Autumn is here and we have the drizzle to prove it! I understand that this isn’t a universal opinion, but I am quite pleased to have the return of the chilly damp that is Seattle at its best. (Watch it get sunny and shoot up to the 80’s this weekend just to spite me.)
MyNorthwest has a slightly fluffy article about how apartment building trends in Seattle are preventing condo building. Or maybe it’s about how difficulties around condo development in Settle are causing that problem. It’s a little light on actual content, but does capture the very warranted feeling that there’s a gaping hole where the entry-level housing market ought to be. Useful if you’re looking to capture the flavor of the current market and aren’t fussed about details.
Less fluffy and more interesting, this article from HousingViews takes a look at the effect of the tax Vancouver instituted on non-resident foreign buyers in 2016. News of the tax was received in some quarters with the assumption that those buyers would leave Vancouver and come to Seattle. From the data presented in that article, it looks to me like they stayed in Vancouver, they just stopped paying as much on the houses to be there. (Price growth slowed, but transaction rates didn’t.)
If you’re more interested in the infrastructure we already have, Curbed did a ranking of Seattle neighborhoods to find the ones that make car-free life the easiest. They look at transit access, walkability, and bikability. It’s a handy guide, especially if you’re interested in details about upcoming transit shifts for some of the neighborhoods discussed.
Here’s a headline I’ve been hoping to see forever: preliminary numbers for June indicate that inventory is up! Anecdotally, that seems to fit what I’ve been seeing – it has been marginally easier for me to find active comps on properties than what I’ve been accustomed to, so I expect that uptick will survive any corrections as the numbers firm up. In the mean time, I’m going to chalk this up as a 4th of July miracle and pretend the fireworks yesterday were all about this.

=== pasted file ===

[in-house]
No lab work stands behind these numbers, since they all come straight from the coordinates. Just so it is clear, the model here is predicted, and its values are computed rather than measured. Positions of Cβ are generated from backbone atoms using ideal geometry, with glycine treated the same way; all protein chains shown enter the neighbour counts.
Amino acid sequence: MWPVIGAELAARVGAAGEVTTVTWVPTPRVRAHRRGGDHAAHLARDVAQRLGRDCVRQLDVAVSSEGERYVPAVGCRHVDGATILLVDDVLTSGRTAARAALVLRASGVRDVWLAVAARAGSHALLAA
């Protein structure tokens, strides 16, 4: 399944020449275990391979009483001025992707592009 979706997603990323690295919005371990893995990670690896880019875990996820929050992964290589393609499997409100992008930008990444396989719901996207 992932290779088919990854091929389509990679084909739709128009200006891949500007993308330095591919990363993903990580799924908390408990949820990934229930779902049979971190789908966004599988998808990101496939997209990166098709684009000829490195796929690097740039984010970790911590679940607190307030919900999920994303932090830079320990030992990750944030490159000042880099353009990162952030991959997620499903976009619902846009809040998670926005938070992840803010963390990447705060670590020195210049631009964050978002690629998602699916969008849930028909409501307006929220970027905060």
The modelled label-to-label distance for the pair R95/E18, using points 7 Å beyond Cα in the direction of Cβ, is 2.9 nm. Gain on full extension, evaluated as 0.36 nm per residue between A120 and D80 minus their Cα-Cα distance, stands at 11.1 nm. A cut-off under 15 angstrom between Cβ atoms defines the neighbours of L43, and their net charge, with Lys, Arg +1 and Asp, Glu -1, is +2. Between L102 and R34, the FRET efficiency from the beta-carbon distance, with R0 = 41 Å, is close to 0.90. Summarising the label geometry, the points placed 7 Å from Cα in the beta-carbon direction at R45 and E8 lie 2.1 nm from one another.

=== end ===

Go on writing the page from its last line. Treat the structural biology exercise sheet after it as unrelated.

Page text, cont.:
Indications of an increase in inventory isn’t the only big news out in the last week, though. It looks like Redfin is preparing to go public, which has industry wonks in an excited tizzy. The Seattle market is, of course, deep in Redfin’s home turf, so the opportunity to peek under their hood provided by preparations for an IPO is great fun. I’m most interested in seeing what they’re going to fund with that sudden injection of capital. Whatever Redfin is doing, it’s usually worth paying attention to. They both have a deep knowledge of how the industry actually works, and how to competently do tech in the industry, which is an exceedingly rare combination. This will be water cooler fodder for a while to come.
Any other week, the imminent arrival of not one, but several bike share options would have taken the top news slot. This is not that week, but it’s still exciting news. I’m looking forward to the battle of the bikeshares, though I’m likely to sit out active participation in favor of quality time with my trusty cycle.
Bertha is on track to finish tunneling this week. I’m not going to lie, Bertha completing her project is going to feel like the end of an era to me. I might have to do an honorary reading the The Little Engine that Could in her honor when she makes it through.
Everybody knows Seattle is growing. We’ve got a number for how much. Adding around 1000 people per week is a little daunting to think about, especially when I start wondering where to put them. No wonder inventory is so low.
All of that probably explains why Seattle prices are setting records for all time highs. Now is a good time to sell, not just because you’ll get a good price, but because please, pretty please, we need the inventory 🙂
Next week, we’ll see whether Bertha made it!
Maps and stats are the theme for this week. First up is this mapping project designed to give walking directions that make sense from the pedestrian’s perspective.
FEMA has issued updated flood maps that put 800 more properties in flood zones. If own or are looking in Pierce county, you might want to check whether you’re affected by the changes.
The road to funding the 2040 transportation budget is nearly there. At least, it looks like it’s there enough to get started. (Which is great, because otherwise it might turn into the 2050 plan.) And it’s definitely needed since commute times everywhere, including the Eastside, are growing.
There is a lot of interesting analysis for stat wonks to pry open in this writeup from the Seattle Bubble. Particularly interesting is the breakdown on where current market growth is happening and comparisons to prior markets that saw similar growth patterns.